line arthimetic system. Say you have a sum 12 times 34.
In Vedic maths you apply a Sutra and get the answer in
one line. Sutras are word formulaes. You can apply the
sutra and get your answer in split second,” he says.

Gaurav’s project is also doing well abroad. “We’ve
partnered with the South African government and have
implemented the Vedic maths system in 9000 schools in
South Africa,” says Gaurav.

But what about starting a similar project in India
schools, especially those that are run by the government
and where quality of education is often poor. “In India
it’s really difficult to partner with government schools,
because people often think that Vedic maths is not
secular. I’m here to debunk the myth that this is not
secular. Anybody from anywhere can come practise this
system which is open to all,” he says.

He adds that he would definitely want Vedic maths to be a
part of schools in India, especially government schools
so that students can take advantage of it.

More at:


Jai Maharaj, Jyotishi
Om Shanti

o o o

o Not for commercial use. Solely to be fairly used
for the educational purposes of research and open
discussion. The contents of this post may not have been
authored by, and do not necessarily represent the opinion
of the poster. The contents are protected by copyright
law and the exemption for fair use of copyrighted works.

o If you send private e-mail to me, it will likely
not be read, considered or answered if it does not
contain your full legal name, current e-mail and postal
addresses, and live-voice telephone number.

o Posted for information and discussion. Views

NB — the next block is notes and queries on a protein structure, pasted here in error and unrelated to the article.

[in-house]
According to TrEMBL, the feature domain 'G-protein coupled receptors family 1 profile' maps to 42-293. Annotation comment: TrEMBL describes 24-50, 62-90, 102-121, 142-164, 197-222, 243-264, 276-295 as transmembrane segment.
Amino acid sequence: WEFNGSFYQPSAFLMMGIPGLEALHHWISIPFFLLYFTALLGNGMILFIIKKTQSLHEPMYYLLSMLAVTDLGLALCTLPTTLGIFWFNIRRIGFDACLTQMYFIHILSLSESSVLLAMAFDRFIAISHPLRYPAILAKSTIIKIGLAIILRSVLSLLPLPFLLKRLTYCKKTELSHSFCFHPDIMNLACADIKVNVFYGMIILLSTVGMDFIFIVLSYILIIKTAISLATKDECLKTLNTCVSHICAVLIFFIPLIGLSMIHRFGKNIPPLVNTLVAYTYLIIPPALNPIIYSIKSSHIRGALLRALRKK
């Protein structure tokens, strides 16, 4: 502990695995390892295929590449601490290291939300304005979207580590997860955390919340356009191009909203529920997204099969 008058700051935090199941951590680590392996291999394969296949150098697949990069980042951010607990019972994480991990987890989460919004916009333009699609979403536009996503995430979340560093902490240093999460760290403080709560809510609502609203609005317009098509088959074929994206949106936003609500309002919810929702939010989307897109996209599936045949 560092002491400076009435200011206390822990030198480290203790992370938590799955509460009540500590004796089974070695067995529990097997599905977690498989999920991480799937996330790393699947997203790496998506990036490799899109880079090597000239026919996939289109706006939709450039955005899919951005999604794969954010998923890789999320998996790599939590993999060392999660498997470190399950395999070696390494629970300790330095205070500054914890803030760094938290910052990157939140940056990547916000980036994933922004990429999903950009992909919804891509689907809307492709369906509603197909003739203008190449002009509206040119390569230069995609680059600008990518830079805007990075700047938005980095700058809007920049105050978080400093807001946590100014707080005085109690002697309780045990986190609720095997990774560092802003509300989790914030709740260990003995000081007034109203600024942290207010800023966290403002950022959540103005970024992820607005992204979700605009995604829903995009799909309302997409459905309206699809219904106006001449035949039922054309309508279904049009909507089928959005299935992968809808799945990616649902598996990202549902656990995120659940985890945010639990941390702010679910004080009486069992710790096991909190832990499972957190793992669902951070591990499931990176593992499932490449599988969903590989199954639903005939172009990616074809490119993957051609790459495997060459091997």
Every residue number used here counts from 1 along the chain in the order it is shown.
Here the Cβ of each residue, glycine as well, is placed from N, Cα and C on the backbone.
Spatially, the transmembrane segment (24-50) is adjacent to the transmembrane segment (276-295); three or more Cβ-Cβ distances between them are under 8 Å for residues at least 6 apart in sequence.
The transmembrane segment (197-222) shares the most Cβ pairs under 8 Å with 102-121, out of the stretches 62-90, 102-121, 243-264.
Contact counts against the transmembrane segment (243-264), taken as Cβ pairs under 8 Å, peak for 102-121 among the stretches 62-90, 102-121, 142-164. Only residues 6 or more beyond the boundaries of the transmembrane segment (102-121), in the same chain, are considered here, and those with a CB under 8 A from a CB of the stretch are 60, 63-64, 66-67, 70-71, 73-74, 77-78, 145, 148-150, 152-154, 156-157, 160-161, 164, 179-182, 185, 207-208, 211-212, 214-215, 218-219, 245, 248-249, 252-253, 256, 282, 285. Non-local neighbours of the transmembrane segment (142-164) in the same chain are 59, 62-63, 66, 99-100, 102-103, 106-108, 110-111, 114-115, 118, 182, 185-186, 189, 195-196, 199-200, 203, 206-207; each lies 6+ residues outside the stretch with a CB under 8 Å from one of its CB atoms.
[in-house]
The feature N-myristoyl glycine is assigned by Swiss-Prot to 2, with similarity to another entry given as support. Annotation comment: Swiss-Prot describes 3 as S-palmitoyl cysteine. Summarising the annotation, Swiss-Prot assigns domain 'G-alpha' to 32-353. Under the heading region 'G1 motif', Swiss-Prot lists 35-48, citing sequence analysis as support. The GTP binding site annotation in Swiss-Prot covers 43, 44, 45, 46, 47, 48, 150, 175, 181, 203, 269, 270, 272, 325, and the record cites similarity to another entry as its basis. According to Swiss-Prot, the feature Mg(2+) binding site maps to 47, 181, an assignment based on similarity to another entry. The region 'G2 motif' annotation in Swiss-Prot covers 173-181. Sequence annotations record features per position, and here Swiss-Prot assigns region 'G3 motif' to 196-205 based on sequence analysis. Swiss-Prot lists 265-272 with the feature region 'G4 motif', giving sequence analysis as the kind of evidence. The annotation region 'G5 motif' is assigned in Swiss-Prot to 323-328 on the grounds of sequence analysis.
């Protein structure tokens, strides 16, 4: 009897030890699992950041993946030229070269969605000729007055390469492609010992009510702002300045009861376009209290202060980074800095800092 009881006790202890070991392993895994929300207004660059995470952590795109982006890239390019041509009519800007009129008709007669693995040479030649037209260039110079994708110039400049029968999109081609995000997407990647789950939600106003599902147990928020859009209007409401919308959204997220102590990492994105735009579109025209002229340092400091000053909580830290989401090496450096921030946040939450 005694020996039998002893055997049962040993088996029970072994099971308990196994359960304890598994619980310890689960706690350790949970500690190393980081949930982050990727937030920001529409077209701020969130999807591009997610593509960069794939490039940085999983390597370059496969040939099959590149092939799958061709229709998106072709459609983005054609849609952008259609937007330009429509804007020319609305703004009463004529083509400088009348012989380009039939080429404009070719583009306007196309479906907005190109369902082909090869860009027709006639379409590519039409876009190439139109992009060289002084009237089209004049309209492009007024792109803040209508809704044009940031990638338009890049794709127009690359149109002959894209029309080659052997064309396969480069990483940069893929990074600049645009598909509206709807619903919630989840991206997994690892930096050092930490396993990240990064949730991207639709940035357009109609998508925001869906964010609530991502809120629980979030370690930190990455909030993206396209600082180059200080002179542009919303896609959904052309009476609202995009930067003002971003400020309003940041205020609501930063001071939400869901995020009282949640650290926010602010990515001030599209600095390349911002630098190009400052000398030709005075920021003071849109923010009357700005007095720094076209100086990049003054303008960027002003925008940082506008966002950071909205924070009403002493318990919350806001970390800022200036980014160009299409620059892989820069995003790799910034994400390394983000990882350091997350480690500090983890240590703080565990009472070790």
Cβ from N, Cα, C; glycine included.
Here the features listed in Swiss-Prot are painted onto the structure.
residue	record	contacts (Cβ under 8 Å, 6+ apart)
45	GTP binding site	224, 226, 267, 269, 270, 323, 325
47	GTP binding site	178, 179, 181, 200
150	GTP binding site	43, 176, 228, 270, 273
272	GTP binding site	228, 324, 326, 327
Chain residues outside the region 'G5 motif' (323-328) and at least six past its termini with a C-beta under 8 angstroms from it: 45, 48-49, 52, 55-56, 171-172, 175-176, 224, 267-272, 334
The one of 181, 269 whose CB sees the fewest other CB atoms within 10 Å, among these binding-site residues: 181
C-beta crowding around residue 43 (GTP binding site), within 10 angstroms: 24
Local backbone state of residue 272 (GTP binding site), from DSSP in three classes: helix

expressed by others are not necessarily those of the
poster who may or may not have read the article.
FAIR USE NOTICE: This article may contain copyrighted
material the use of which may or may not have been
specifically authorized by the copyright owner. This
material is being made available in efforts to advance
the understanding of environmental, political, human
rights, economic, democratic, scientific, social, and
cultural, etc., issues. It is believed that this
constitutes a 'fair use' of any such copyrighted material
as provided for in section 107 of the US Copyright Law.
In accordance with Title 17 U.S.C. Section 107, the
material on this site is distributed without profit to
those who have expressed a prior interest in receiving
the included information for research, comment,
discussion and educational purposes by subscribing to
USENET newsgroups or visiting web sites. For more
information go to:

If you wish to use copyrighted material from this article
for purposes of your own that go beyond 'fair use', you
must obtain permission from the copyright owner.

Since newsgroup posts are being removed by forgery by one
or more net terrorists, this post may be reposted several

Point your RSS reader here for a feed of the latest messages in this topic.

[Privacy Policy] [Terms of Use]

© Drexel University 1994-2014. All Rights Reserved.
The Math Forum is a research and educational enterprise of the Drexel University School of Education.